On Tuesday, Travis Kalanick — the founder, CEO, and public face of Uber — announced that he would take an indefinite leave of absence from his company, stepping down from its daily leadership for the first time in Uber’s eight-year reign as king of the ride-sharing economy. The notoriously aggressive CEO was at the center of many of the company’s endless scandals in the past six months, which made Uber into a bloated, corrupt embodiment of every ugly part of Silicon Valley sexism, greed, and moral bankruptcy.
Now, after a comprehensive report into the company’s sins compiled by former Attorney General Eric Holder, Uber’s leadership has pledged to make a change. But that promise, in and of itself, is a monumental act of hubris and deceit. Fundamentally, Uber will not change. And Travis Kalanick probably doesn’t want it to, because the business model and corporate culture that victimizes consumers and employees alike is the same one that made him a billionaire.
Founded in 2009, Uber quickly became a leader in the growing “gig economy,” a term used to describe the decline of full-time work in favor of a flourishing ecosystem of smartphone app-organized and often poorly paid freelance opportunities, odd jobs, and service work. Uber found a niche in ride-sharing, and under Kalanick’s ambitious, aggressive leadership, it exploded in popularity and revenue. It built an empire by undercutting regulated taxi services, which has in some cases forced unionized drivers to trade in their cabs for a leased 2014 Honda Civic. The company then allegedly exploited the drivers at every possible opportunity, including shortchanging them millions of dollars, and using psychological tricks to coerce them to keep driving at times that would be most profitable for the company.
This is the business model Uber was built on — one that rewards a flagrant disregard for rules and common decency — and none of Eric Holder’s 47 proposed changes to the company’s culture will remake it into something that does right by the people it employs or serves. Pretending otherwise is a lie, even if the fantasy happens in the company’s “Peace Room”.
Here are a few things that probably will happen sometime in the next year: Eventually, Uber’s public image will recover. The company has been looking for a Chief Operating Officer since March — before Kalanick’s exit, the idea was to find a “partner” for the brash CEO to steady the ship and maybe cut down on all the horrible sexist shit happening inside the company’s SF offices. Recode has a great breakdown of who, exactly is in charge with Kalanick away, noting that there are still half a dozen major positions in Kalanick’s “world class leadership team” still vacant.
The company is positioning Kalanick’s time away as part of a comprehensive effort to “put people first” and make “Uber 2.0” a safer place for women and minorities, as well as a personal hiatus for its CEO, whose mother recently died in a boating accident at the end of May. The Uber board’s first priorities will probably be to fill those gaps in leadership, and make well-publicized efforts to hire a more diverse staff (two of three reported COO candidates are women). The company will likely implement a far more rigorous set of human resources policies, based around Holder’s recommendation, to minimize the company’s risk of losing public face when its new employees are inevitably deluged in the remnants of Kalanick’s aggressive bro-culture.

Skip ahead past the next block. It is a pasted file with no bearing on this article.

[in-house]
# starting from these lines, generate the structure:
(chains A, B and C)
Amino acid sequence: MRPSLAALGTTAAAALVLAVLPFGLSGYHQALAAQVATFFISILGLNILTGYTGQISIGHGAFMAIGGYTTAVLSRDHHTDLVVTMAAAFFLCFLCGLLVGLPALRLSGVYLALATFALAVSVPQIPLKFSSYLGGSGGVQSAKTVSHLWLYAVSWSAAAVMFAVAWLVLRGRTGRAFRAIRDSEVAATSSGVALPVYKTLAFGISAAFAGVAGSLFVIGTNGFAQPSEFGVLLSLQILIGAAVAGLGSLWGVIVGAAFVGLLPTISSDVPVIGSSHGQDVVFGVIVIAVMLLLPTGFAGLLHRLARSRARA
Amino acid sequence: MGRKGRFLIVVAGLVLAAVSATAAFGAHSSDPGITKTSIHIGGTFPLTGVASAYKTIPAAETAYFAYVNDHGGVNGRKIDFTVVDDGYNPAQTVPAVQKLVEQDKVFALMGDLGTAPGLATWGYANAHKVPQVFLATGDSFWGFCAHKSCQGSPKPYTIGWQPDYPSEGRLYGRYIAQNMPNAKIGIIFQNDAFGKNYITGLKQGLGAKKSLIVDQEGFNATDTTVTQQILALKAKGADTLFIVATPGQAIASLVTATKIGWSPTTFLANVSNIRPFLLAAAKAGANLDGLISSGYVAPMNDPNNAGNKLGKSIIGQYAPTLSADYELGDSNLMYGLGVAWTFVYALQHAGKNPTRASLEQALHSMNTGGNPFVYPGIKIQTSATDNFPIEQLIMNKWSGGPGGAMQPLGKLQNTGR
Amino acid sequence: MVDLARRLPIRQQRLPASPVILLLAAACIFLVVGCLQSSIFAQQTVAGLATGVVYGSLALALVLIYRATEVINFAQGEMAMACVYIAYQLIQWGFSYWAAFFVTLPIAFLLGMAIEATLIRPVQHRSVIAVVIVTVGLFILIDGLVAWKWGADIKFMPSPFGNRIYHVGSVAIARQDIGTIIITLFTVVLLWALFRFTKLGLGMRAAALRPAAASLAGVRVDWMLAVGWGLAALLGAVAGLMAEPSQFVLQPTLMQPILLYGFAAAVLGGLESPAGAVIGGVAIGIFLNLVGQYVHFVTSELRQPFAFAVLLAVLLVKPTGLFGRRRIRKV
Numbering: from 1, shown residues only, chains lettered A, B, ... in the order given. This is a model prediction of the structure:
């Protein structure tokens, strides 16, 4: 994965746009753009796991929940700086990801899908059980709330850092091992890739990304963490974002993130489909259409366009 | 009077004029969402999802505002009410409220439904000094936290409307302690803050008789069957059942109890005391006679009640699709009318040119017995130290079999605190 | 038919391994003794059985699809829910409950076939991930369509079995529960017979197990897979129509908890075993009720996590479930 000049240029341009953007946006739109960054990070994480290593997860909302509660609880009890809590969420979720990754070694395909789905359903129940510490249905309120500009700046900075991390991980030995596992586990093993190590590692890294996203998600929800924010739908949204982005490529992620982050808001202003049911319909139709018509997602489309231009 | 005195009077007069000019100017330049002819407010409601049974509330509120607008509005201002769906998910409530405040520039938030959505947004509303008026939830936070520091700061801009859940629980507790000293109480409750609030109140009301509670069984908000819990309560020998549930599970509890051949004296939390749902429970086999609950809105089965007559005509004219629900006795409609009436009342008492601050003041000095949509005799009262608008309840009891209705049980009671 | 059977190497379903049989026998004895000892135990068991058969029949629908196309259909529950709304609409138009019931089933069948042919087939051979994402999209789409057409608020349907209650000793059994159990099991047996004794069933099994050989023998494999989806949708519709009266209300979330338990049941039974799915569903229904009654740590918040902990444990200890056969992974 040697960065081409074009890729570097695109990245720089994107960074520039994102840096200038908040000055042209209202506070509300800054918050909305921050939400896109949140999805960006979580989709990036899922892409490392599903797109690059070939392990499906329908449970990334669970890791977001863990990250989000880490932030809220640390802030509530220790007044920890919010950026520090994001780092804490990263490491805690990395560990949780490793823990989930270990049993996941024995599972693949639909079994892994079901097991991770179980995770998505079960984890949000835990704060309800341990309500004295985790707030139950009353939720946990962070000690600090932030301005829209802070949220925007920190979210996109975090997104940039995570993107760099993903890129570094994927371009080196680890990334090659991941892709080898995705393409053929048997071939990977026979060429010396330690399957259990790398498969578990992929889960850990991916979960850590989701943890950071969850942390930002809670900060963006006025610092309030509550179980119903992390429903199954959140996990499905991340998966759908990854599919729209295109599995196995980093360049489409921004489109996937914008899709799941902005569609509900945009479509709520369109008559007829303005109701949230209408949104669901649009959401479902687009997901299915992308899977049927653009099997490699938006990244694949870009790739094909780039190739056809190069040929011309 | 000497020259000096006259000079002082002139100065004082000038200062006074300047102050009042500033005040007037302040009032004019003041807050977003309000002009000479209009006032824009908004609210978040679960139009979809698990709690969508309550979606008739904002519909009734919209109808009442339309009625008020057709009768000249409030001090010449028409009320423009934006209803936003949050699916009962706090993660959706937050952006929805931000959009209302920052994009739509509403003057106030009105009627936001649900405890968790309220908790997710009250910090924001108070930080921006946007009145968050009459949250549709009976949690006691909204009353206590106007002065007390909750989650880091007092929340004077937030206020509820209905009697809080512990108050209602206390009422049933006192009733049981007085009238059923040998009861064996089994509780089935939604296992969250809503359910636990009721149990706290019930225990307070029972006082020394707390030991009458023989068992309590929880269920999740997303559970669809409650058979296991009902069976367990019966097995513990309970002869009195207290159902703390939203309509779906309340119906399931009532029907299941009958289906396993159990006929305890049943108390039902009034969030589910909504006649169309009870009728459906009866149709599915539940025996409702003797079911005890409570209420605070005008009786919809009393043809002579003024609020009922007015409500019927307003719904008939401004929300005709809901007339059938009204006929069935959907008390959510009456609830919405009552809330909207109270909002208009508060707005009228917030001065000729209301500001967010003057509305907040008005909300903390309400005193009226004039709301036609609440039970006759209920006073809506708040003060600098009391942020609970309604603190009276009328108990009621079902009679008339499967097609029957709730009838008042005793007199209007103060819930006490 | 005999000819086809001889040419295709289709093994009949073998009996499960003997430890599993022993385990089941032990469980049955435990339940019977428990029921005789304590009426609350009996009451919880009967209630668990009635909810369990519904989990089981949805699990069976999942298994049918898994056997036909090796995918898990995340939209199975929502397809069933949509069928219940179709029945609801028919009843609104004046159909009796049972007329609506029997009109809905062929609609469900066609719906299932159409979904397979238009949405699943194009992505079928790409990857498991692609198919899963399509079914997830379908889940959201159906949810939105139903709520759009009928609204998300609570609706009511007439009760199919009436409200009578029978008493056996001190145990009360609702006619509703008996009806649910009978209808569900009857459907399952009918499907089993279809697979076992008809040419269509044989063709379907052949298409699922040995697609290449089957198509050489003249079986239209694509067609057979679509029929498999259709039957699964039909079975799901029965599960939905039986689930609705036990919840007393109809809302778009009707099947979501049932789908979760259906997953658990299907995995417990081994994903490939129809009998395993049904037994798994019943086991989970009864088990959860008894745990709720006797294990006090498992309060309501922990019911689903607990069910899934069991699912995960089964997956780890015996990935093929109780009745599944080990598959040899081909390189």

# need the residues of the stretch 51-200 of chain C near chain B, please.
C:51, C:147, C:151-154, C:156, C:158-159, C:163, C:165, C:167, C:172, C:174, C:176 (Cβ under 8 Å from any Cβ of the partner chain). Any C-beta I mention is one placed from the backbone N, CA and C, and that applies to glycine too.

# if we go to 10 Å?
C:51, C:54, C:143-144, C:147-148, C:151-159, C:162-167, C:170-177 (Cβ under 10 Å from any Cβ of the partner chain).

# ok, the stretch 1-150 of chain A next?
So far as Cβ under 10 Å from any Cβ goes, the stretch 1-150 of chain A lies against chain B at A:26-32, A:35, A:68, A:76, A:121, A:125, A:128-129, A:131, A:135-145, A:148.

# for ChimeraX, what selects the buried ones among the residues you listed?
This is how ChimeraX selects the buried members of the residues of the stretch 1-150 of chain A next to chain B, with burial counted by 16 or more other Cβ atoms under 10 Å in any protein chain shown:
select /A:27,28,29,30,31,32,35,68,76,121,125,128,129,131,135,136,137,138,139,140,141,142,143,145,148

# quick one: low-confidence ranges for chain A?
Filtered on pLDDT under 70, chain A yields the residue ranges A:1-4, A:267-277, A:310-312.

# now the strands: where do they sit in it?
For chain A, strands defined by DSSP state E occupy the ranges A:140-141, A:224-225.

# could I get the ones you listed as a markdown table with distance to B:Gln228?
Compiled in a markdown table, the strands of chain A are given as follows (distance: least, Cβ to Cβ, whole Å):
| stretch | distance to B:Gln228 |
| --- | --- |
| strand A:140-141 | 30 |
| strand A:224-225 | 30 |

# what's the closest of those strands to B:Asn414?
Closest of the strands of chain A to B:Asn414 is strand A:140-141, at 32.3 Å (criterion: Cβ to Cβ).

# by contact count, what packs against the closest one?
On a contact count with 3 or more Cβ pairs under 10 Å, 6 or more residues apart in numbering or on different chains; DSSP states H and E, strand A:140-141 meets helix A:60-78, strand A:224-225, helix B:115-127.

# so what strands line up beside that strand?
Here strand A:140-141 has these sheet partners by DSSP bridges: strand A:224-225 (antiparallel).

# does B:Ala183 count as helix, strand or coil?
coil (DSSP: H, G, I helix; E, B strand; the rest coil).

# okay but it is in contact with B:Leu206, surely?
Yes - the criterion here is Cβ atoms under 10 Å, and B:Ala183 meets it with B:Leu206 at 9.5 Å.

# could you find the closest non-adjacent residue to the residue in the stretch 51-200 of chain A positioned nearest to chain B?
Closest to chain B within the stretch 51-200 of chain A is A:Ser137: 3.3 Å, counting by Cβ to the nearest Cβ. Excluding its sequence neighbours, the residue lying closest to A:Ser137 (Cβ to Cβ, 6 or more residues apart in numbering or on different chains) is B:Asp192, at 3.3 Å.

These changes will undoubtedly make life nominally better for many of Uber’s 12,000 employees. But make no mistake: no amount of rose-tinted press releases will change the troubling paradigm that Uber, and the ride-sharing economy as a whole, is built on. Indeed, we may see the era of underpaid contractors as glory days, with Uber’s publicly stated goal being to replace human drivers with autonomous cars as quickly as possible, while also monetizing every bit of information its customers provide.
Uber’s full-time, white-collar employees are starting to realize it as well. The New York Times’s Mike Isaac, one of the best-sourced journalists covering the company, reports that “dozens” of employees are quitting every week, and that several of Silicon Valley’s other household names see Uber as a “black mark” on a tech worker’s resume.
And the dark cloud will not dissipate any time soon. Even on leave, Kalanick retains an enormous amount of control over the company through a favorable system of voting shares. As Adrianne Jeffries notes in the Outline, Uber’s investors may have soured to Kalanick’s “hard-nosed” leadership and parade of juvenile behavior. Jeffries reports that Uber employees, for the first time, can see a future for the company without Kalanick at its head.
But what kind of future is that? Despite it’s “disruptive” business model, $12 billion dollars of venture capital funding, and an estimated value of anywhere from $50 to $70 billion Uber has yet to actually make a profit, or offer an IPO. At best, Uber can hope to cultivate reputation like Facebook, a tight ship run by a competent COO, Sheryl Sandberg, and a brilliant CEO who’s too dweeby to appear overtly threatening, that offers a product so integral to modern life that its consistent moral transgressions fade from the public consciousness faster than they appear. But right now, Uber’s story still feels like a rejected script for David Fincher’s next scandal-filled Silicon Valley biopic. Even if the company manages to sever ties with Kalanick, his legacy as the once and potentially future ruler of the company has cemented a business model of exploitation, deceit, and ruthless capitalism that will continue to abuse its workers and customers alike, until the next tech disruption wipes out the ride-sharing economy or we all drown in the rising seas.